Scotland’s rugby players enjoyed their last day off before the heat of World Cup action starts on Sunday by attending a Sumo wrestling tournament in Tokyo.
The current Grand Tournament, known as the Aki (autumn) honbasho, has gripped, or maybe that should be slapped and grappled the Japanese capital into submission, with blanket coverage in newspapers and on TV in the past week.
Excitement about the Rugby World Cup is steadily building ahead of the hosts’ opening match against Russia tomorrow night but, for now, it’s all about the Sumo, whose superstar exponents are known as rikishi (which combines two Japanese characters meaning “strength” and “warrior”.
Today it was a case of, if you can’t beat them, join them, as 30 of the Scotland party headed to Tokyo’s Yokoami district to take in the action, which involves an elaborate pre-ceremony bout and, unlike what awaits against Ireland in Yokohama on Sunday, is watched in complete silence by the crowd.
Scotland centre Sam Johnson said activities and excursions, be they fun or educational, were a good way to briefly escape the pressure cooker as that crunch Pool A opener fast approaches and make the most of this fantastic opportunity.
“I went to the Atomic Bomb Museum in Nagasaki. It was a sobering experience but an interesting one too,” said the Glasgow player.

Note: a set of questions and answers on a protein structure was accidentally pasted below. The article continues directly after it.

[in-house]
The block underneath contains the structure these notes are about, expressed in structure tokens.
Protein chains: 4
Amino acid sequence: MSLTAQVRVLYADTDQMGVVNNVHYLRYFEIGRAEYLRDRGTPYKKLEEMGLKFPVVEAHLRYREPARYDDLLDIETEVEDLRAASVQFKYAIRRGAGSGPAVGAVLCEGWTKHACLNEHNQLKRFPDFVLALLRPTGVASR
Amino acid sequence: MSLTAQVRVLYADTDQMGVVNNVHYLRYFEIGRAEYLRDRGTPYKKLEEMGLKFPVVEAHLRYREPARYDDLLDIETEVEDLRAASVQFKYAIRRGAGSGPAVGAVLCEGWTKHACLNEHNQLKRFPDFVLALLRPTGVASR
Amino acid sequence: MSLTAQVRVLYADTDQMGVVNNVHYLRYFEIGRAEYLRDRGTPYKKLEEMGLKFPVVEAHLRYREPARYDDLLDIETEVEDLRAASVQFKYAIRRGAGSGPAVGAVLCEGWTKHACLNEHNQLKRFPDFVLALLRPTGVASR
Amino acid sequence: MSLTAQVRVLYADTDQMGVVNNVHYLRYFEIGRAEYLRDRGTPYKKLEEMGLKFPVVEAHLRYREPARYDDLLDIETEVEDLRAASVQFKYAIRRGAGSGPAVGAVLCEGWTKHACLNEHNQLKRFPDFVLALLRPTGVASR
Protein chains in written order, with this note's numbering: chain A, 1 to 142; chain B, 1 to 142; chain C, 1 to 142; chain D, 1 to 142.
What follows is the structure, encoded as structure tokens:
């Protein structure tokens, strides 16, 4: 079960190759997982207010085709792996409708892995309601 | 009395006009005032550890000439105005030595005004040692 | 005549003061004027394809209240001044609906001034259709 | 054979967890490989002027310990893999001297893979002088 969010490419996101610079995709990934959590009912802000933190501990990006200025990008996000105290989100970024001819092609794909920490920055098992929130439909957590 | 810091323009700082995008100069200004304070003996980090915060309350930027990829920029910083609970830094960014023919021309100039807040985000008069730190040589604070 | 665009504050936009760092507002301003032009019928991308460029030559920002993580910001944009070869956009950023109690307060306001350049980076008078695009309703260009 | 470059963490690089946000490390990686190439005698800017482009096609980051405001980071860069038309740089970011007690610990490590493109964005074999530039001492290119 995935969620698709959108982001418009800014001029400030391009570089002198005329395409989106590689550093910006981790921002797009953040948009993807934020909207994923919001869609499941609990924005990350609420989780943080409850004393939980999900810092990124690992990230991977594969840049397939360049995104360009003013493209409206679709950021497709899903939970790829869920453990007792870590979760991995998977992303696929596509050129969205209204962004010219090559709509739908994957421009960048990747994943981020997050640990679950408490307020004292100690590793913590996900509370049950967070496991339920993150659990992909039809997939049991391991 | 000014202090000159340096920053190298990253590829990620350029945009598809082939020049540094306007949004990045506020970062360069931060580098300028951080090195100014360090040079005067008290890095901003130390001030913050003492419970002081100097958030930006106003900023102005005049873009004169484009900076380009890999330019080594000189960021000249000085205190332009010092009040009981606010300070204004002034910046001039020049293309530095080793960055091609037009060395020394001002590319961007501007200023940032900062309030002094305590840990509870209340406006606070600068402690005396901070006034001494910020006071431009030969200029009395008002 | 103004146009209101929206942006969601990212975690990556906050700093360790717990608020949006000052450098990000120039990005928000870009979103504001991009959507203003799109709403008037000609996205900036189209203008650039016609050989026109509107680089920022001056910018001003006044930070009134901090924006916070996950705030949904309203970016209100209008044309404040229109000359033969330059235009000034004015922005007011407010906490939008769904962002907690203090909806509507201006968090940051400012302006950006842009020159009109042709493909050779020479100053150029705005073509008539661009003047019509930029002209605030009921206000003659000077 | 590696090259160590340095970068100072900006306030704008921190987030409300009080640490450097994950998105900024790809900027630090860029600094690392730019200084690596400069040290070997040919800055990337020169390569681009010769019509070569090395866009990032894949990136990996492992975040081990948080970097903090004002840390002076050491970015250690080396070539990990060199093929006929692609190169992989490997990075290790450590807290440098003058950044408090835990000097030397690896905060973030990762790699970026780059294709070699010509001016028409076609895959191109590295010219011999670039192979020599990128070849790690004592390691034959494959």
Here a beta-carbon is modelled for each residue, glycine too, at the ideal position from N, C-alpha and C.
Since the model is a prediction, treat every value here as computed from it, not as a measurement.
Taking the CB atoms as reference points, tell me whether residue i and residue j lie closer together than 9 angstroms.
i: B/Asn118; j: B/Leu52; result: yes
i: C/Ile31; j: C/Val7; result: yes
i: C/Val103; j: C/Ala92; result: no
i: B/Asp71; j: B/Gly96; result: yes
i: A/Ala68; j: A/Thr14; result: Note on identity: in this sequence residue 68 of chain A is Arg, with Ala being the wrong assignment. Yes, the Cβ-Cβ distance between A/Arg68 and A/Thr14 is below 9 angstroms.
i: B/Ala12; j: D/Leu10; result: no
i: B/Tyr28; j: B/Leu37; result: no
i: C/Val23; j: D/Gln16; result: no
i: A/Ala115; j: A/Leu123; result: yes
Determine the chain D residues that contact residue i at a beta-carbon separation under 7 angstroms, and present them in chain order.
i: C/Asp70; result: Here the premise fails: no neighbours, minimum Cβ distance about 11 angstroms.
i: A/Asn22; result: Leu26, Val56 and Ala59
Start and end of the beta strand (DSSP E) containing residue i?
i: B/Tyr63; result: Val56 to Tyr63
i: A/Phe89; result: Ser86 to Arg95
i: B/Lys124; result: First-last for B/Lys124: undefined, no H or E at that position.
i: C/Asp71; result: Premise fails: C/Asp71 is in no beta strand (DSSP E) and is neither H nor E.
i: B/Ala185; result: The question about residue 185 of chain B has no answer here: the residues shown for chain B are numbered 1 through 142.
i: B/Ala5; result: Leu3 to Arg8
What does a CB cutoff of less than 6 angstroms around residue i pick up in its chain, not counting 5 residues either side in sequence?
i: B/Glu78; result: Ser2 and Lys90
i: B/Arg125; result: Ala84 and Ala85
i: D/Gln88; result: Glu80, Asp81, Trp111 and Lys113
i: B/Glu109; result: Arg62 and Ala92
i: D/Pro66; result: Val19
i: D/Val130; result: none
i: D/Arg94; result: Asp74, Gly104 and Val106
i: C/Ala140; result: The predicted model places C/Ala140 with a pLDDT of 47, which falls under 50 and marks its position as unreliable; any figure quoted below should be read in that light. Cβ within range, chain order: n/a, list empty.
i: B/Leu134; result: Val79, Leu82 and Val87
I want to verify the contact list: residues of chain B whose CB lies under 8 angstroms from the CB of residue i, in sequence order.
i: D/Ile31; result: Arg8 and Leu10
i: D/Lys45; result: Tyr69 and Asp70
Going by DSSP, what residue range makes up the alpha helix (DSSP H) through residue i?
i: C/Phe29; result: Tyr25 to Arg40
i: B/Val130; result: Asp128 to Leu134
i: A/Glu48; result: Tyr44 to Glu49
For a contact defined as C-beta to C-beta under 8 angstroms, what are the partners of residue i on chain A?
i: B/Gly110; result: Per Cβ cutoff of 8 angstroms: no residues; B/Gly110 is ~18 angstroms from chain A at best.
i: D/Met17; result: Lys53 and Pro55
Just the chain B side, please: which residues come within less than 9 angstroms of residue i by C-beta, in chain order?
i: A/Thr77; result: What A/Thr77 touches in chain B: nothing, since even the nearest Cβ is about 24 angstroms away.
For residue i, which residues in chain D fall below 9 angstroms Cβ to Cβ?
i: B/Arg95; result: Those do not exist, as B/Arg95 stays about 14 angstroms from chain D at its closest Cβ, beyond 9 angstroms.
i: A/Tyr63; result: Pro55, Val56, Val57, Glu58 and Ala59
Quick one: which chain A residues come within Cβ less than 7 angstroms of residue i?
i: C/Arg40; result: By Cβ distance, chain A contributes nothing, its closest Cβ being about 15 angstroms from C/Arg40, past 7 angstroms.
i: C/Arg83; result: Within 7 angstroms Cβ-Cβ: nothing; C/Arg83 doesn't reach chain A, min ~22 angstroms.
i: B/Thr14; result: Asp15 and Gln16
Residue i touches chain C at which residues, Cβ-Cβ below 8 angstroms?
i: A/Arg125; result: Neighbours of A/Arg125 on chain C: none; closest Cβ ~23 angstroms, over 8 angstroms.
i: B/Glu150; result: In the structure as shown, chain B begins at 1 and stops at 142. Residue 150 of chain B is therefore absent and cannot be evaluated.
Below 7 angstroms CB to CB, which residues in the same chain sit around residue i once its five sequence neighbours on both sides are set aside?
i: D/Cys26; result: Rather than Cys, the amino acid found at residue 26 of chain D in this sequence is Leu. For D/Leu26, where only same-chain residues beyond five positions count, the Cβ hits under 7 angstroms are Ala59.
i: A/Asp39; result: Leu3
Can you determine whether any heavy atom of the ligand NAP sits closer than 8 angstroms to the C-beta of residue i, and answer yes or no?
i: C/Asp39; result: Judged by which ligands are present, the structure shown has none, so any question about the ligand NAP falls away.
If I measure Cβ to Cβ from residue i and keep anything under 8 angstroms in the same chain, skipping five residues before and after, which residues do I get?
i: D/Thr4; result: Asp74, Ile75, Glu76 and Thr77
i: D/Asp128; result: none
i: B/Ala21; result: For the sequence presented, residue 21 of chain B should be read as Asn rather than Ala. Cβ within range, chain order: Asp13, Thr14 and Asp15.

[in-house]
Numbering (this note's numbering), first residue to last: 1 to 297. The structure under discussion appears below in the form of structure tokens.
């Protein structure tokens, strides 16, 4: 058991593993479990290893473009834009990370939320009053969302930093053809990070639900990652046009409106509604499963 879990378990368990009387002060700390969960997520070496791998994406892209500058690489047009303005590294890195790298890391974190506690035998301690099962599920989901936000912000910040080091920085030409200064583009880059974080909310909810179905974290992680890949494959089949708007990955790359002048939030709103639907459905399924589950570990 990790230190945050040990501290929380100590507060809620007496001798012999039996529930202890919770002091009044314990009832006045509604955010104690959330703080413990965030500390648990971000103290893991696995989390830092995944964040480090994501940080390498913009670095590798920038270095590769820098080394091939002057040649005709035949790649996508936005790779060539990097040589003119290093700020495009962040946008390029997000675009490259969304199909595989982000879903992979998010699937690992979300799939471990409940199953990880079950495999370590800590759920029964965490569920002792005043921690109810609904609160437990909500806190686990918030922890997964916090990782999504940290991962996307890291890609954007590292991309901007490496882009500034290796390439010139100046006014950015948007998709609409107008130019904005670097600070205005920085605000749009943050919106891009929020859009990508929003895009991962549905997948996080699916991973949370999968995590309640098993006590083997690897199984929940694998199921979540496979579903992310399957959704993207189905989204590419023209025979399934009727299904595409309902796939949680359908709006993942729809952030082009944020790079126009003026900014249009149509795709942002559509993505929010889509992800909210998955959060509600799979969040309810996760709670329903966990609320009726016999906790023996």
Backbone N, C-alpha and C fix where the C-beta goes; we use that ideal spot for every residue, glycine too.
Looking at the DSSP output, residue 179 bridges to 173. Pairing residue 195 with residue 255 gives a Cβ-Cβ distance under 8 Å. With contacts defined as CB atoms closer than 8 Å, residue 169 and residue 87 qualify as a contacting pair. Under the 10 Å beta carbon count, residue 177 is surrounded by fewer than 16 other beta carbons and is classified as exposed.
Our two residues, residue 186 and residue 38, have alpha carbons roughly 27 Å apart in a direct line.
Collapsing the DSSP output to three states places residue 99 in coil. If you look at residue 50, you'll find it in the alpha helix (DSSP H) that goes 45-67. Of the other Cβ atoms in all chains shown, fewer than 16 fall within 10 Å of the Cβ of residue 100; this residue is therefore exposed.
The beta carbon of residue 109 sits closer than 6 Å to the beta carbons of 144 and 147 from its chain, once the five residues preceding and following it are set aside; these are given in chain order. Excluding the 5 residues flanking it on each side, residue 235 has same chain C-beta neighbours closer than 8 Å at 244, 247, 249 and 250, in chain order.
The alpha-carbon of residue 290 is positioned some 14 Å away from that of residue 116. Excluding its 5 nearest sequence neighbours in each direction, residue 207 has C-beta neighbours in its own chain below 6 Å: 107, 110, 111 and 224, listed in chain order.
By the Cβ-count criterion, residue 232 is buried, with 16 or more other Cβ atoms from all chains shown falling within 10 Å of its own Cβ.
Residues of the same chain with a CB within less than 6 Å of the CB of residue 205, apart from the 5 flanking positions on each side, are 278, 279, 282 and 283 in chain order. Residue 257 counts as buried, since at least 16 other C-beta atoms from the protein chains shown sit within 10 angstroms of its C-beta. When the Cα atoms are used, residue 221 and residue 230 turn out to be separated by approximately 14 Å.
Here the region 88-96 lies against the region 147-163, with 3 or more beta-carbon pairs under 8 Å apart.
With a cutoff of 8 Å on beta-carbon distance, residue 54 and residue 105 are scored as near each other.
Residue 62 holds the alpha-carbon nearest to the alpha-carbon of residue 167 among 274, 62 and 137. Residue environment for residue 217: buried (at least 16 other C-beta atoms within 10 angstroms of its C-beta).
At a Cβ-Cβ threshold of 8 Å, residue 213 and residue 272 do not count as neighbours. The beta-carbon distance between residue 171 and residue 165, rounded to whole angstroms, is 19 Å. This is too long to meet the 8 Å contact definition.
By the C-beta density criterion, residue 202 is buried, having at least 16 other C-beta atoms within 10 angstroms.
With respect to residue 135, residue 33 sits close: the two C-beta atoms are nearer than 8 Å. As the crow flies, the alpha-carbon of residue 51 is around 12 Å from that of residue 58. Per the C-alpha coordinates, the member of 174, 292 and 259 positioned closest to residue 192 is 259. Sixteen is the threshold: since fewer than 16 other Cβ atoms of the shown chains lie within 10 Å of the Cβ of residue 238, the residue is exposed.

“We’ve had a game of golf and today we’re off to the Sumo wrestling.
“It’s important to enjoy your down time. It’s a long tournament, one which hasn’t even begun for us yet. The more experienced guys are good at telling us what we should and shouldn’t be doing.”
Sumo is considered the national sport and one of at least five that outstrip rugby union in terms of popularity here in Japan, along with the likes of baseball, football, golf and tennis. But then, that was one of the reasons the 2019 World Cup was awarded to a leading emerging nation, to nudge the Brave Blossoms a bit closer to the fame of the corpulent doyens of the dohyō (the 4.55m diameter circle of rice-straw bales inside which Sumo bouts take place.
Rugby has a solid base to build on in Japan and all indicators are that when the tournament gets going it will be greeted with passion and enthusiasm up and down the land of the rising sun. Once the Sumo’s finished that is!
Our Japan 2019 Rugby World Cup coverage is brought to you in association with Castle Water www.castlewater.co.uk and on Twitter @CastleWaterLtd
Follow Duncan Smith in Japan on Twitter @Duncan_Smith